What You Should Know About SSI Benefit Eligibility

What You Should Know About SSI Benefit Eligibility

by / Friday, 31 October 2014 / Published in Uncategorized

When people hear the words “Social Security,” they probably immediately think of retirement. But Social Security provides important assistance for more than just retirees. As of 2012, 56 million American citizens received Social Security benefits, 19% of whom were receiving disability benefits and 4% were the young survivors of deceased workers. If you don’t already receive Social Security Disability Benefits, there’s a strong possibility that you might need them some day. It’s estimated that out of all the people who have recently entered the workforce, 37% of men and 31% of women will either become disabled or die before they reach full retirement age.

 

If you find yourself disabled and unable to work, or only able to work in a limited capacity, one type of Social Security benefit you might need to apply for is Supplemental Security Income (SSI). SSI provides financial assistance to low-income individuals who are disabled, blind, or at least 65 years old. SSI defines being disabled as not being able to perform any substantial work as a result of your condition and that your condition is expected to last for a year or is likely to result in your death.

 

Determining your eligibility for SSI can be a complicated process. You have to meet specific requirements based on your income and the amount of resources you have available.

 

Income can include things such as wages from a job, court settlements, alimony, child support, and some of the income from other people in your household (spouse if an applicant is married, parents if the applicant is a minor). The amount of income you can have while remaining eligible for SSI varies from state to state.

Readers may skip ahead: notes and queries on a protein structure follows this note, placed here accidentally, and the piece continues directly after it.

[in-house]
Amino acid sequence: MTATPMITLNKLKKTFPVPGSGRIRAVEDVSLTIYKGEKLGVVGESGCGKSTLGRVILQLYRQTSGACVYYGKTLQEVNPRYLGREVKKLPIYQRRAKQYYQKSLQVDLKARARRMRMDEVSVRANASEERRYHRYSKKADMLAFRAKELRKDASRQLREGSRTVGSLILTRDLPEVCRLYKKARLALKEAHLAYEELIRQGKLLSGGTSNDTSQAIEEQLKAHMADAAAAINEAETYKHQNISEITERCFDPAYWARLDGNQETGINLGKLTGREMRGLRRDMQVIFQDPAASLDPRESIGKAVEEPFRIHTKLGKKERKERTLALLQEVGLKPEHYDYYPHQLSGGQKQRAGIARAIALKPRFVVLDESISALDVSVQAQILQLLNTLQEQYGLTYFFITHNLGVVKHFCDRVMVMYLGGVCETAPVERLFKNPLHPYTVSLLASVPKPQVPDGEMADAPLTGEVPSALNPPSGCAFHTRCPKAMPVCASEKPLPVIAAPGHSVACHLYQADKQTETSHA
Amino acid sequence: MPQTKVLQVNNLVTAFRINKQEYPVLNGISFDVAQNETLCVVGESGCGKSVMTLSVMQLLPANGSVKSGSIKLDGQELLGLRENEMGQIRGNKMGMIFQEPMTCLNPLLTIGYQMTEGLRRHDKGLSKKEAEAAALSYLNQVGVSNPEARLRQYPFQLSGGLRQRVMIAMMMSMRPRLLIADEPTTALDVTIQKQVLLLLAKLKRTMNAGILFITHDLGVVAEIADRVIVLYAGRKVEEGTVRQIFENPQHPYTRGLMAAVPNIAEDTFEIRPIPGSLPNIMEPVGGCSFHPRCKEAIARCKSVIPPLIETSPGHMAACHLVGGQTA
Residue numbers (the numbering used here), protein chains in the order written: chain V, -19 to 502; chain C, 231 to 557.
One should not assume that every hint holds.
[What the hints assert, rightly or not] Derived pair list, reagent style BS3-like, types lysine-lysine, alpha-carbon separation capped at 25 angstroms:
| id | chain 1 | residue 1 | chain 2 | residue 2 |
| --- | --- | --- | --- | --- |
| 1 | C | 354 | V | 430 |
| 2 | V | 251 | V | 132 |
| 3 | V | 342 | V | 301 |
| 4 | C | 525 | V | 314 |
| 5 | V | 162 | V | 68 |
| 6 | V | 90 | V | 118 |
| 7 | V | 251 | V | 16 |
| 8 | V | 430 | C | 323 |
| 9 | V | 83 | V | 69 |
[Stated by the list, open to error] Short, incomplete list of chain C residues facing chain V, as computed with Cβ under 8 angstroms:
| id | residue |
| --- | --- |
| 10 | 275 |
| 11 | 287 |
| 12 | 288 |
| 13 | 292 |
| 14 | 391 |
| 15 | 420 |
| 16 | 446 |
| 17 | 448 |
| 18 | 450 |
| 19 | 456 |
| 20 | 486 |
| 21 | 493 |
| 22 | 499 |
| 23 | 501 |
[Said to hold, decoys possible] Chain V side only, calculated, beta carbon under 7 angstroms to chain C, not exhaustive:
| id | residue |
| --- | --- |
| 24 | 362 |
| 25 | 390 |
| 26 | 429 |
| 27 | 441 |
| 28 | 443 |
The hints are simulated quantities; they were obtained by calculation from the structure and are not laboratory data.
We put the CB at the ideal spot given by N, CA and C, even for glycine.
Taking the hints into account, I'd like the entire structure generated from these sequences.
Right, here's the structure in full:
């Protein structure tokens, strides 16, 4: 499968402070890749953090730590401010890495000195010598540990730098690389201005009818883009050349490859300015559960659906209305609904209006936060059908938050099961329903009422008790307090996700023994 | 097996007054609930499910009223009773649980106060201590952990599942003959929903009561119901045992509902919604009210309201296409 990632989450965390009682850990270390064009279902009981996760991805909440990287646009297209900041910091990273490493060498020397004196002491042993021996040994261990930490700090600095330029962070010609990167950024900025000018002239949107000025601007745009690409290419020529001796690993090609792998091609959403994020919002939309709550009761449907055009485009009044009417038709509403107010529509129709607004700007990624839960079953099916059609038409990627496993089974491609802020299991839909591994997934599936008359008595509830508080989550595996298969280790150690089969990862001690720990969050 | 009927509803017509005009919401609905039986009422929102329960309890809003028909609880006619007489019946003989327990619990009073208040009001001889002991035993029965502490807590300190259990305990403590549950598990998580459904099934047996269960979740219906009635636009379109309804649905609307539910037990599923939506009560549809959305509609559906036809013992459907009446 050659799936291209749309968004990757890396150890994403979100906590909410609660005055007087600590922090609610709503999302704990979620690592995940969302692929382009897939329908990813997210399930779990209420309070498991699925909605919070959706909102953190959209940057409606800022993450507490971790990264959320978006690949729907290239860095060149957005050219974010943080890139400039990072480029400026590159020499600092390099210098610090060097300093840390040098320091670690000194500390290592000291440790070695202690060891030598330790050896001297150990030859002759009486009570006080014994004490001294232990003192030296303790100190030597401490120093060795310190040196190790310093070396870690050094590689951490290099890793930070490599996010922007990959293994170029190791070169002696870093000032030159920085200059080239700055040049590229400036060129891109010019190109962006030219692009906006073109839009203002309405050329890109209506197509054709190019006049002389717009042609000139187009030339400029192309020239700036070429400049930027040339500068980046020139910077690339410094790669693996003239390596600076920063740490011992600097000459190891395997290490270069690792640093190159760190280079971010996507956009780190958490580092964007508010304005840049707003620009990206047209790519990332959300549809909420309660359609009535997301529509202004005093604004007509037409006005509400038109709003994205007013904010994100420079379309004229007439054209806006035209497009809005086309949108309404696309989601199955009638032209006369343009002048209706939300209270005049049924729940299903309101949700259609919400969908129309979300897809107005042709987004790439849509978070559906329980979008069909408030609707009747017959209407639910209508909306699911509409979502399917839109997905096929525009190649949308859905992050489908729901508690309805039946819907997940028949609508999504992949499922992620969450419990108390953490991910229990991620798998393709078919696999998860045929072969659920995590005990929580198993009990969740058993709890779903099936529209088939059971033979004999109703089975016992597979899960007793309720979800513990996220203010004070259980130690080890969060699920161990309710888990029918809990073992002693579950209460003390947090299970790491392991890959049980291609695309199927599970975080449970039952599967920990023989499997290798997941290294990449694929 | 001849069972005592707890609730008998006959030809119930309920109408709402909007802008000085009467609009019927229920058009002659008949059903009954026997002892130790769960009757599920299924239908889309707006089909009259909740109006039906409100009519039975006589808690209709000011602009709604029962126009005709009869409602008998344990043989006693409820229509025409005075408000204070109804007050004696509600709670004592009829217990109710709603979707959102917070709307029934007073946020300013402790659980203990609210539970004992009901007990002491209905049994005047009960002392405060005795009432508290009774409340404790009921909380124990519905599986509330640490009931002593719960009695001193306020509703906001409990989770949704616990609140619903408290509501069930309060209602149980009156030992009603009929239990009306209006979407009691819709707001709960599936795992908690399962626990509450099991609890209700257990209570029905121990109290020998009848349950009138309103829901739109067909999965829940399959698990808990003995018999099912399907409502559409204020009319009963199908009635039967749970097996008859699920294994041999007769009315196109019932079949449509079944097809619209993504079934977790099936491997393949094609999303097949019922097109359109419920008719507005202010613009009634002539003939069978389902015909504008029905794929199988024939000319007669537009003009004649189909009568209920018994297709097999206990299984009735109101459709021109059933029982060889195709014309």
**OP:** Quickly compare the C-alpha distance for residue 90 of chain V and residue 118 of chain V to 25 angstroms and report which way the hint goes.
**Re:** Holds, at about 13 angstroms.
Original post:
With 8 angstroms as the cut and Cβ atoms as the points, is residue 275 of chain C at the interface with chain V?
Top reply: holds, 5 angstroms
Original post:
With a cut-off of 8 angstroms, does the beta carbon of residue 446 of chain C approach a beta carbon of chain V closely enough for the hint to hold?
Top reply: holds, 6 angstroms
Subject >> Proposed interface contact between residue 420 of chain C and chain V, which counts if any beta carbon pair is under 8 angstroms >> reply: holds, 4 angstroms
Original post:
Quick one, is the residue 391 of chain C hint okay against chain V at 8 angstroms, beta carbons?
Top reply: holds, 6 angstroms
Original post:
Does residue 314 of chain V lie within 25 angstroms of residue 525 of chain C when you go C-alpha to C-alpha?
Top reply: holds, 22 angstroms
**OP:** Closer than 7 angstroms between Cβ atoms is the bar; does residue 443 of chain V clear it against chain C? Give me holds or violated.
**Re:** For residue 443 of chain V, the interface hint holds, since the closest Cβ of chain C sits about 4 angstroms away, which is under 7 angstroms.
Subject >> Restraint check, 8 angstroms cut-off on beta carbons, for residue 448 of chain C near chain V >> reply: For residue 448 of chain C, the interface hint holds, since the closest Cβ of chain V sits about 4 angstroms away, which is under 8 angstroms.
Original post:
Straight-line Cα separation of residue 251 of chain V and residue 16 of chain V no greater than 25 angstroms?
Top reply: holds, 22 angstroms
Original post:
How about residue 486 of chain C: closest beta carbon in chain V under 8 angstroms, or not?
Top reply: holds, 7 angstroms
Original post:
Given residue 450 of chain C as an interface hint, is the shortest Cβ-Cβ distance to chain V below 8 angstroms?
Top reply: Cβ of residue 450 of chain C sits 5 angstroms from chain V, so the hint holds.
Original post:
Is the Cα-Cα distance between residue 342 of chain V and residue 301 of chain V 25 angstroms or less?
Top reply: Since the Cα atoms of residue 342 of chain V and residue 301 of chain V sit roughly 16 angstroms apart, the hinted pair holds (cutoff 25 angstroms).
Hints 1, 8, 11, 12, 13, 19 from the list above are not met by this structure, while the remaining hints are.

However, many types of income are not factored into determining SSI eligibility. When determining your total income, SSI excludes things such as Supplemental Nutrition Assistance Program (SNAP) benefits, and many home energy assistance programs. If you are blind or disabled but able to work, any money you use on things that help you be able to work may not be included. For example, if a blind person needs to spend money on transportation to get to and from work, that money could not be counted as income. If you are a student who has some income from a job or scholarships, some of that might be excluded.

 

The total amount of resources you have available is to be worth no more than $2,000 for a single person and $3,000 or less for a married couple. Resources include assets like stocks, bonds, real estate, and bank accounts. Much like the income requirements, SSI excludes some types of resources in determining eligibility. The house you primarily live in, the land your primary residence is located on, your car (in most cases), life insurance policies worth $1,500 or less, and previously purchased burial plots for yourself and immediate family members all do not count against you if you’re applying for SSI. If you are in the process of trying to sell property, it is possible to get SSI while trying to sell it.

 

SSI eligibility can also depend on whether or not a person lives at home or in an institution (public or private), nursing facility, shelter, or community home. In most cases, SSI isn’t available to people in halfway houses and city or county operated rest homes. If a person is in a public or private institution that is mostly being paid for by Medicaid, they could possibly receive a small SSI benefit. People living in homeless shelters or in residence halls so they can attend school may be eligible for SSI benefits.

 

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